"...GotG is emblematic of Telltale's aging game design: a solid story, good looks, and stale gameplay..."
At its heart, Telltale's Guardians of the Galaxy (GotG) series is an examination of the complexities of human (and alien) relationships and the effects both love and resentment can have on them. The focus of its narrative, outside of actually saving the galaxy, has unabashedly been on Guardian interactions and the complications associated with their fundamentally differing views of the world. Telltale channels these differences into conflicts that manifest when a major decision needs to be made and thrusts players into the fray by forcing them to pick a side. It's in these moments that the series truly shines, and players are taken on a journey akin to an emotional crescendo that climaxes at the end of an explosive Episode Four. Then Telltale unsurprisingly throws it all away.
The fifth and final episode, Don't Stop Believin', picks up immediately after its predecessor with the galaxy in varying states of disarray (depending on player choices) and the Guardians wallowing in despair and dysfunction. Unfortunately, Telltale predictably backpedals on some powerful consequences of player choices and essentially undoes all the buildup that led to Episode Four's emotionally-charged cliffhanger. It's not surprising to see such a reversal, but it's still disappointing to witness hours of intriguing relationship building dissipate in the first forty-five or so minutes of the series finale. Though there are some nice moments sprinkled throughout, Don't Stop Believin' serves as little more than a vehicle to charge towards the series' conclusion rather than a mechanism for making a lasting impression.
Despite my disappointment with where the relationship-based interactions end up, GotG's overall story is solid with an ending that's satisfying, if a bit rushed. The exact ending players experience is dependent on their previous choices, and the fates of several characters are tied into the choice system in a way that's interesting enough to merit multiple playthroughs. It all ends with a clear setup for a second season, but here again there's a missed opportunity to carry over the relationship dynamic. Instead of ending season one on an intriguing relationship-based cliffhanger, Telltale attempts to neatly resolve all of the deep-seated character conflict within the last hour of this series.
Episode Five is second only to the series' third installment in lack of engaging gameplay, though the final boss "fight" is a fun team-oriented Quick Time Event (QTE) battle that adds enough spice to prevent the episode from feeling entirely dull. Beyond that fight and a quick sabotage mission, there really isn't much to praise here in terms of keeping the player engaged besides the story's resolution. There's a noticeable ebb and flow to the series' exploration segments, and I've noted this in each episode's review, but gameplay is a clear negative aspect of the series as a whole. While the QTE segments throughout are generally fun, the exploration segments feel entirely tacked on, and Episode Five continues the trend.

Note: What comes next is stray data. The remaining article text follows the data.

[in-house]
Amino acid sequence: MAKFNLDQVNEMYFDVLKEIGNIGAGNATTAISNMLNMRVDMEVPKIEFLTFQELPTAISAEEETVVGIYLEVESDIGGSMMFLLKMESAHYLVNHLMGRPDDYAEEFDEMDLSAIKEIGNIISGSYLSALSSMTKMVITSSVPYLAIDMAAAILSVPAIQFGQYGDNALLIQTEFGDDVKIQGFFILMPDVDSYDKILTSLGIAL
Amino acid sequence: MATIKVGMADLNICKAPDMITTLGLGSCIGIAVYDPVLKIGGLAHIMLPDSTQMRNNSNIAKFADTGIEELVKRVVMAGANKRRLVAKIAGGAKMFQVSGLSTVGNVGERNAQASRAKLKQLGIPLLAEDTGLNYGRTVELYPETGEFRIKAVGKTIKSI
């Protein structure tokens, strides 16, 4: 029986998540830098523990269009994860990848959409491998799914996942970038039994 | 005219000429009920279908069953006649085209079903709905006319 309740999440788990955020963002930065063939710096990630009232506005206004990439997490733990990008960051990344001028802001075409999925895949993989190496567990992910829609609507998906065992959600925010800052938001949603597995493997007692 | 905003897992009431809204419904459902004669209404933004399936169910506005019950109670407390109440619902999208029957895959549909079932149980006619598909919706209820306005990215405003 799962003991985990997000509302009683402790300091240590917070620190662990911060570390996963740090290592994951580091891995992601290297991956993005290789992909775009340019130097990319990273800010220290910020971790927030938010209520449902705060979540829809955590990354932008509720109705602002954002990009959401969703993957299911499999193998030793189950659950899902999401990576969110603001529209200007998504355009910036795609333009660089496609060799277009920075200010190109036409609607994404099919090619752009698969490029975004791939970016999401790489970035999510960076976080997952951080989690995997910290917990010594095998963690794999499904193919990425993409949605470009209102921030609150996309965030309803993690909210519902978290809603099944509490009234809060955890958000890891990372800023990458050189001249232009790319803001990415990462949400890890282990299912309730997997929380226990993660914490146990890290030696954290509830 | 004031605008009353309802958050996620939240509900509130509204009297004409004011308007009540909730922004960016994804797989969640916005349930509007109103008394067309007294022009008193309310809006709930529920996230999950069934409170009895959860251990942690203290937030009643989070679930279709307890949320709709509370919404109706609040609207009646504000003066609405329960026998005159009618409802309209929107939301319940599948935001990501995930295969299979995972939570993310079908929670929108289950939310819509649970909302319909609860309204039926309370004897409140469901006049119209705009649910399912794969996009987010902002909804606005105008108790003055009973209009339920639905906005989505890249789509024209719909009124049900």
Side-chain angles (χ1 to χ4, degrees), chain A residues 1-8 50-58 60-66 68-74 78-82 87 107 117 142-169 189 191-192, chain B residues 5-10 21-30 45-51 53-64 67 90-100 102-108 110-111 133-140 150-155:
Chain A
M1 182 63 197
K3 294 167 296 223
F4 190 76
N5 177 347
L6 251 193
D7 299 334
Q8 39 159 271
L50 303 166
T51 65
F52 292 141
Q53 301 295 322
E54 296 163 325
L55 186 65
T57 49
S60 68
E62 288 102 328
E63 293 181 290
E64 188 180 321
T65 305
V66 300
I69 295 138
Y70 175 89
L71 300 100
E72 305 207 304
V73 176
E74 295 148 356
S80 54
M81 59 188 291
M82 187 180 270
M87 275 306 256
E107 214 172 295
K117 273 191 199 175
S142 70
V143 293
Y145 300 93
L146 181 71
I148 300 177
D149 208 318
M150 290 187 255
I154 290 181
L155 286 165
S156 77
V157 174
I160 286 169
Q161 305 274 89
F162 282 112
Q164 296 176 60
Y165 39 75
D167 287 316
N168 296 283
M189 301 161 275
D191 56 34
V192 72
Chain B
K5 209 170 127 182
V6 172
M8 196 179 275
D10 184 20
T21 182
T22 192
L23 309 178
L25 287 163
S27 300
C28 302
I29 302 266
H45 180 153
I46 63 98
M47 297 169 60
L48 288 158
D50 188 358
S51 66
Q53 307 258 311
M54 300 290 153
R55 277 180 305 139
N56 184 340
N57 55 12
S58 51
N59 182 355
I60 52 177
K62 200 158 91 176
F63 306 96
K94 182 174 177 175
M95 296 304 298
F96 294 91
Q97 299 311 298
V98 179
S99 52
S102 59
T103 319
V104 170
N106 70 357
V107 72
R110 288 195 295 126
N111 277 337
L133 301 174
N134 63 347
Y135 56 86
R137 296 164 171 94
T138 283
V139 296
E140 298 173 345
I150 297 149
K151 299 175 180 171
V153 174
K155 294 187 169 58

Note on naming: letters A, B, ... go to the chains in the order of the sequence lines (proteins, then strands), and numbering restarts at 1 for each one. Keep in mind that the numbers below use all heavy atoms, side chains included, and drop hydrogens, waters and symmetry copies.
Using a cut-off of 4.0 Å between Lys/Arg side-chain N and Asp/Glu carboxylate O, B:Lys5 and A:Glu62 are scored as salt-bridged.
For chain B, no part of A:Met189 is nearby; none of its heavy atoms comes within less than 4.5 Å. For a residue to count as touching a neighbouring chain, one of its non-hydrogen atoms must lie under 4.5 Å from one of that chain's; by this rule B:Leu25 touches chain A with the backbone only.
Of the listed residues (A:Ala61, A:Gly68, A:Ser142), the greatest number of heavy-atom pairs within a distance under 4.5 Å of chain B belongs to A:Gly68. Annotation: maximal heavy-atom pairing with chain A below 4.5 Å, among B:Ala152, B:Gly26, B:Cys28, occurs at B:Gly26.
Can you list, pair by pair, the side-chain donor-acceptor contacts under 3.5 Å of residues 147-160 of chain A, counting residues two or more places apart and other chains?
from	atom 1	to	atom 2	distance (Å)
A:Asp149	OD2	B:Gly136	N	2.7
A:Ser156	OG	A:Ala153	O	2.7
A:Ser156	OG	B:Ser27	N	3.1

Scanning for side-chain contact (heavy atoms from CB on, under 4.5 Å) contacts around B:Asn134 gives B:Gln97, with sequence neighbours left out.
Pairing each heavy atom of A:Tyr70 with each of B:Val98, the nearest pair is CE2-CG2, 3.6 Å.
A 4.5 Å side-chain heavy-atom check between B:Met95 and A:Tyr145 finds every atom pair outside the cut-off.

The game's visuals and music remain great, but Episode Five's environments are notably less interesting than previous entries in the series. In fact, though possibly a conscious design choice, one sequence in particular is entirely composed of gray rock formations floating against a gray backdrop. It's unclear if this was intentional or the result of cutting corners to get the final episode out before the end of the year (the release time between the fourth and fifth episodes was less than a month). At best it's an uninspired design choice and at worst a rush job that does a disservice to fans invested in the series.
Despite a cast of strong characters, engrossing interactions, and rich source material, GotG is emblematic of Telltale's aging game design: a solid story, good looks, and stale gameplay that's mostly lost its novelty. That certainly doesn't mean the series isn't worth your time, especially if you're a Telltale or GotG fan, but it's further proof that the developer may have squeezed all they can out of their tried and true formula.
This review is based on a free review copy provided to RPGFan by the developer. This relationship in no way influenced the reviewer's opinion of the game or its final score.